For the past five weeks we have been practicing meditation on our butts. This week we will be trying a new approach to mindfulness, one that involves movement.
In the case of yoga, we will be practicing mindful hatha yoga which can be different from what is often on offer in North American yoga studios, where the focus can sometimes tilt towards flexibility, fitness and quickly moving through many poses. Mindful hatha yoga is practiced more slowly, holding poses for a longer period of time to cultivate awareness of body sensations and develop a stronger connection between mind and body.
I have to admit, I did not get this kind of yoga until I started meditating. It just seemed like boring slow-moving exercise for hippies. Then I started meditating and all of sudden paying attention to my breath and body sensations while doing the boring slow-moving exercises made so much more sense. Now I delight in the energy rush and body sensations that come along with each posture, because I actually notice they are happening.
Alternatively, if yoga is not your thing, you can still practice mindful movement in the form of a walking meditation. A walking meditation is beautiful in its simplicity – it can be practiced anywhere. You can turn your daily walk to work into a meditation if you choose by paying close attention to the sensations of walking.
Mindful movement is another great tool in the mindfulness toolkit. There may be times in life where sitting still to do a meditation may feel like a barrier, and where using movement may more appropriately match your energy levels, allowing your mind to settle and be present.
We have already seen that posture is important in the sitting meditation and that positioning your body in certain ways can have immediate effects on your mental and emotional state – think of your mountain meditation. Being aware of your body language and what it reveals about your feelings and emotions can be so insightful.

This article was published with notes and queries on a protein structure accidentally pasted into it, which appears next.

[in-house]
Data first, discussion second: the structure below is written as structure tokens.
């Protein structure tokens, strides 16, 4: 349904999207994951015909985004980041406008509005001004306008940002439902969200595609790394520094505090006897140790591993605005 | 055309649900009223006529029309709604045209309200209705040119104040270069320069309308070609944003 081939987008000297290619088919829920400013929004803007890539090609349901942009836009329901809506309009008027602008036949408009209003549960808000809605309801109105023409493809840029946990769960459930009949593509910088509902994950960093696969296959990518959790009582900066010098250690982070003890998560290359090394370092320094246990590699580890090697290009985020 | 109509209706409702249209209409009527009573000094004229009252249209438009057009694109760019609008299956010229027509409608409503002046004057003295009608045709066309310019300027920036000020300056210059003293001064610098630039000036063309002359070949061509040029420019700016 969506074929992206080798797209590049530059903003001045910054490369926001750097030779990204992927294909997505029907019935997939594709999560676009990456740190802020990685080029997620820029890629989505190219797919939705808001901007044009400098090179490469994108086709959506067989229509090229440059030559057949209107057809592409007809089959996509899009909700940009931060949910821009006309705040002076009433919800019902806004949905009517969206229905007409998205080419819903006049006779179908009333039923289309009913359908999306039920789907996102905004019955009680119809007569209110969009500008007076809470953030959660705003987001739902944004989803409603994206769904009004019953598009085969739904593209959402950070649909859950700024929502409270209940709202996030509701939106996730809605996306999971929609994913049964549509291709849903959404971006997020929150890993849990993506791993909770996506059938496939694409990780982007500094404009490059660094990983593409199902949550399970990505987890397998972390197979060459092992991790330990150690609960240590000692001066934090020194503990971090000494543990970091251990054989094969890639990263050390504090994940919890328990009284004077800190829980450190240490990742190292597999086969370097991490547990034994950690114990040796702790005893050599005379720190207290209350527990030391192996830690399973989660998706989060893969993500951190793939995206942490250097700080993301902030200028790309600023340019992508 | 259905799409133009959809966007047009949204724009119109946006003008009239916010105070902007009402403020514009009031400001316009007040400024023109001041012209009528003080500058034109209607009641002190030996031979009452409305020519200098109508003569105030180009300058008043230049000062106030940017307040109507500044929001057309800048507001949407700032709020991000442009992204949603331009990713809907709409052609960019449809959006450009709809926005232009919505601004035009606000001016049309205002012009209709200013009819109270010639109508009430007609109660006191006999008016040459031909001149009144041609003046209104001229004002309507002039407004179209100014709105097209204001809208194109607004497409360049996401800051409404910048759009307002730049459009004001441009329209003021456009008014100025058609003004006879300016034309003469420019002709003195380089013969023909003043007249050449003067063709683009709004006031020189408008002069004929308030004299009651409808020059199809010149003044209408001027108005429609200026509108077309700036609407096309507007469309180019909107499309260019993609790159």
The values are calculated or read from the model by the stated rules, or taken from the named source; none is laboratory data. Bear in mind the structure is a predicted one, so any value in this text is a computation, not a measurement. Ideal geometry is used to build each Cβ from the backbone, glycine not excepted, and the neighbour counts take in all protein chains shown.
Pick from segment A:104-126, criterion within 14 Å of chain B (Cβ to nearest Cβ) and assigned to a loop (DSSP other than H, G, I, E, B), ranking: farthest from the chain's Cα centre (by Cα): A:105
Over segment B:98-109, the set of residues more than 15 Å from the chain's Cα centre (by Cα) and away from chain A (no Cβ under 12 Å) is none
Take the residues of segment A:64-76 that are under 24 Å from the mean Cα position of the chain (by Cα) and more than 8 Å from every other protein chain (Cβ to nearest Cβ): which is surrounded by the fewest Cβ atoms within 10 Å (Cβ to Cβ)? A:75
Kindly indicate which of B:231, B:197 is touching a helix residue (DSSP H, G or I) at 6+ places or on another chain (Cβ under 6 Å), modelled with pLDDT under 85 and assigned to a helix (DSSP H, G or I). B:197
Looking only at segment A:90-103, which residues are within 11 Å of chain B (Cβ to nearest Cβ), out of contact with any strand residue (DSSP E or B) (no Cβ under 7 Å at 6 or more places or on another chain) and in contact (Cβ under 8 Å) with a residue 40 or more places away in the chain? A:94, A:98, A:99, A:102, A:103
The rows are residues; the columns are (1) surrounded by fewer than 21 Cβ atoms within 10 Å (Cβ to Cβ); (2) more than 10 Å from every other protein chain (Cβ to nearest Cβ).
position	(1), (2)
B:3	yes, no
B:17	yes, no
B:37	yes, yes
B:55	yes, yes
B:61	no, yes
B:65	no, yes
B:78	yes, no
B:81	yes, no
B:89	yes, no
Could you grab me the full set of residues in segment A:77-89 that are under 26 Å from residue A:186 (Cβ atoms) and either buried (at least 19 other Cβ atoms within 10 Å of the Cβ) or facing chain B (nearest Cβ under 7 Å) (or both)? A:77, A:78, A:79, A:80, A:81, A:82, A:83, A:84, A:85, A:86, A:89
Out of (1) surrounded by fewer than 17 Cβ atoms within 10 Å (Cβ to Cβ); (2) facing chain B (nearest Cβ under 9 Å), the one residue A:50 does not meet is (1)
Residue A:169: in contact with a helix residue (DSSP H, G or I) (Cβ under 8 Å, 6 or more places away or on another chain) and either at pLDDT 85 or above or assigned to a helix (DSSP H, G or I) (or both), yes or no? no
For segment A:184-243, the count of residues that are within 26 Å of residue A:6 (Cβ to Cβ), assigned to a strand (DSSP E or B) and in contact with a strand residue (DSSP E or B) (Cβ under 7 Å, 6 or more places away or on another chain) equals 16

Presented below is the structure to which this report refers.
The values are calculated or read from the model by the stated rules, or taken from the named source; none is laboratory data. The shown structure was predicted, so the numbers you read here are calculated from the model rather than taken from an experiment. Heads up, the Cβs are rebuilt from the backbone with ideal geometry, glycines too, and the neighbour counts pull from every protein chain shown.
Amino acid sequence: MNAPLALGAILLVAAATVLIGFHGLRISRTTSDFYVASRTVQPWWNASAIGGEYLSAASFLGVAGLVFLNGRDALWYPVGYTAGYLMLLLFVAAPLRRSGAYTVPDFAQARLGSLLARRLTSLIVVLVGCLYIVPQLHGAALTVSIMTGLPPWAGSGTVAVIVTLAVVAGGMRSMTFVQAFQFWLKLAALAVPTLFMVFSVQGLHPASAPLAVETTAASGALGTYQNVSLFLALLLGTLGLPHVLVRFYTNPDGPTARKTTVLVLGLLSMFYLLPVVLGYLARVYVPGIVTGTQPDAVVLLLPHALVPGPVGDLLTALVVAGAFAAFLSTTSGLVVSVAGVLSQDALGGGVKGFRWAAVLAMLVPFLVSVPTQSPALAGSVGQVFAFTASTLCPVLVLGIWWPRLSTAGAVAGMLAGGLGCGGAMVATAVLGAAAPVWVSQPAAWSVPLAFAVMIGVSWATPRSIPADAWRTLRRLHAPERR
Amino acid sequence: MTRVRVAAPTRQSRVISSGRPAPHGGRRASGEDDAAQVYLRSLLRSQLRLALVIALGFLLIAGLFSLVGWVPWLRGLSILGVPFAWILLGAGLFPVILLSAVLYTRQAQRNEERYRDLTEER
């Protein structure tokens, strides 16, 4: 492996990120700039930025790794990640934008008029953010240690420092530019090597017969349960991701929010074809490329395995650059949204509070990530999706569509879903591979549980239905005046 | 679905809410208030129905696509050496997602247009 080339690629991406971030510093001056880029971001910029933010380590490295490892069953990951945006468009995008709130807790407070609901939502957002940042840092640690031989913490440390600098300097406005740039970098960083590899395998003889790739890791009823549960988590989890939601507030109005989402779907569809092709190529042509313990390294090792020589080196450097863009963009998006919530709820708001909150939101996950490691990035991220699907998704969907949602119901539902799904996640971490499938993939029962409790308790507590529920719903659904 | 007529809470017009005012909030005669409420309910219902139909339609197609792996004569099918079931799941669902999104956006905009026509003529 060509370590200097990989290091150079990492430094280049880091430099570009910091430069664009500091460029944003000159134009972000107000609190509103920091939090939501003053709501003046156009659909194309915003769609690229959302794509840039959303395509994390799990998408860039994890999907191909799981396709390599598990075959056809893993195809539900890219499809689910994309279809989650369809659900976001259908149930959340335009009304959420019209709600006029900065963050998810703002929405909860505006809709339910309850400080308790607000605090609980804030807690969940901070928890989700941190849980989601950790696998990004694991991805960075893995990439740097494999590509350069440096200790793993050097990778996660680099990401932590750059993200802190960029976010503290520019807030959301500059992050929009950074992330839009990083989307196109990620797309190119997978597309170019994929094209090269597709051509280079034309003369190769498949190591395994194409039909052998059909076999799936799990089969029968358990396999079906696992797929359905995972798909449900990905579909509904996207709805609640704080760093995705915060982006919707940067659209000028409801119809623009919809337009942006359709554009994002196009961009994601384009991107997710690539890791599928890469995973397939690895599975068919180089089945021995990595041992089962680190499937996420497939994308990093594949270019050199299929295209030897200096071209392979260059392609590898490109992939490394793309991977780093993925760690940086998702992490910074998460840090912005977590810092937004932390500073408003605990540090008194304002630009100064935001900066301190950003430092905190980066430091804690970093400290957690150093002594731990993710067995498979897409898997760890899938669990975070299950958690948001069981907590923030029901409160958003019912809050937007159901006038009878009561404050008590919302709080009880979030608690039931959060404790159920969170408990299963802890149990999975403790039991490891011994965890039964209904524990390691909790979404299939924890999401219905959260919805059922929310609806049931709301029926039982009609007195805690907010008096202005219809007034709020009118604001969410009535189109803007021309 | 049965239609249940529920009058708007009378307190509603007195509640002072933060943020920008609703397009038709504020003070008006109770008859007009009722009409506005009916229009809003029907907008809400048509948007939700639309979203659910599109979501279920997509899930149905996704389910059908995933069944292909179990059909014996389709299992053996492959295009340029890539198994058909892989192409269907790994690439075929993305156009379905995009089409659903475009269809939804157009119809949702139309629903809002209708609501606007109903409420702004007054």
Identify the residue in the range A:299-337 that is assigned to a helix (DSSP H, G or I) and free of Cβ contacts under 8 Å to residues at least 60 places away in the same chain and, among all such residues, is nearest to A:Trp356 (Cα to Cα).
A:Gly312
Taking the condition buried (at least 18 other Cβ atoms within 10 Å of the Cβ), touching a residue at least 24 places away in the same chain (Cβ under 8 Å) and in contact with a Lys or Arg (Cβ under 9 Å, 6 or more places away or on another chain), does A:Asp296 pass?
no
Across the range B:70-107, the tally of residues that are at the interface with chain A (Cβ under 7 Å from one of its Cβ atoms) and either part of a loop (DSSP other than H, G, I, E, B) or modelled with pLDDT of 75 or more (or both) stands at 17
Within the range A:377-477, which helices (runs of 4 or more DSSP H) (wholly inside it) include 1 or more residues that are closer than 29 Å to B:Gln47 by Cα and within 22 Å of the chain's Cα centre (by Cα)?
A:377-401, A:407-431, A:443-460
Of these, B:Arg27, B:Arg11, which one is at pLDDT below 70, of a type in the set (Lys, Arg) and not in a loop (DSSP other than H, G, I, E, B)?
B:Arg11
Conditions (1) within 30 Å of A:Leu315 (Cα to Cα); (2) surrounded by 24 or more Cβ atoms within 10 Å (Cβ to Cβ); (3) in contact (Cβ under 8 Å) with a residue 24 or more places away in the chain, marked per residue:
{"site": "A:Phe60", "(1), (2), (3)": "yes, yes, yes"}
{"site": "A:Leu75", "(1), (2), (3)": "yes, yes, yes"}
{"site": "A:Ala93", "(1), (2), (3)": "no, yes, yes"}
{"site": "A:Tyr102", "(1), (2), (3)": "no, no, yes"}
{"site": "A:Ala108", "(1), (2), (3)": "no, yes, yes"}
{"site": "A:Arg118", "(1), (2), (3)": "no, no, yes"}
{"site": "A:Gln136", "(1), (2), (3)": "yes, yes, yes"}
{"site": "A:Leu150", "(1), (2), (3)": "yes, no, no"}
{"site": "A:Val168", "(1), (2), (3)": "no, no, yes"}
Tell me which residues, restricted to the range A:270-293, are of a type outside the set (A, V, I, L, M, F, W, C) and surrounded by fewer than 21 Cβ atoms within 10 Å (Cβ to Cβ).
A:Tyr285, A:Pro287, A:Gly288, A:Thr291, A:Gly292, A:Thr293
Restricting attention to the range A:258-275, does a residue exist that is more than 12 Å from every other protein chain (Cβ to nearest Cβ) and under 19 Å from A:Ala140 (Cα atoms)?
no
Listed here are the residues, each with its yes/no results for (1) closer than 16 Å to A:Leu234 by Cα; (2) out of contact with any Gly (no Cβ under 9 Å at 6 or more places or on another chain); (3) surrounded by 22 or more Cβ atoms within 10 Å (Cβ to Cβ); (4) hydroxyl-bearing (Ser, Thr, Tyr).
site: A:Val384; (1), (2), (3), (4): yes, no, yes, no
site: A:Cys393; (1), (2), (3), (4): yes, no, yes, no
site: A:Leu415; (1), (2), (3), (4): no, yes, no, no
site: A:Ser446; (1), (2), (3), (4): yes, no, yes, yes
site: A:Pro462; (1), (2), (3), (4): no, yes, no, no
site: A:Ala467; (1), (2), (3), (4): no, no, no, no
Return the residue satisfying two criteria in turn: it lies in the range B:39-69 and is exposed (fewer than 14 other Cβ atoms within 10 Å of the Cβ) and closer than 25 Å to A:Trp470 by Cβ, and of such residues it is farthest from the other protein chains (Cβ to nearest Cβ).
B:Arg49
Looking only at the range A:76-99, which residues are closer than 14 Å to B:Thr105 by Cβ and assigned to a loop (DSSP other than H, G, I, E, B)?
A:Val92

When you practice the walking meditation or yoga, you should be on the lookout for the ways, some quite subtle, in which your perspective on your body, your thoughts, and your whole sense of self can change when you adopt different postures or focus on the sensations of walking.
This week you have choices: you can practice the walking meditation, mindful yoga or a combination of both.
For the walking meditation, try one or both of these choices:
Walking Meditation Instructions – Tara Brach (6 Minutes)
Walking Meditation: Being Fully Present – Mary Maddux (15 Minutes)
The first time you do the walking meditation, find a private place indoors where you have a little space to roam. Walking meditation is often practiced quite slowly and you may feel weird doing so in public. In time, you can modify the meditation to a more typical walking pace, which can be practiced incognito on city streets or parks.
NOTE: You can’t play the full meditation using the links above, you’ll need to use the Insight Timer app to access the full recording. I’m just sharing the links above so you know what you’re searching for. It’s easiest to find the meditations by searching the teachers name.
For yoga, try one or both of these choices:
Mindful Hatha Yoga (16 Minutes)
Gentle Yoga (25 Minutes)
If you’re doing the yoga, please listen to your body and don’t try to do any poses that may aggravate an existing injury or just do not feel right. Just sit that pose out and follow your breath instead.
NOTE: The yoga videos are accessed using Yoga with Adriene’s YouTube channel, rather than Insight Timer. Yoga with Adriene is another great free mindfulness resource! Hundreds of excellent and free yoga videos.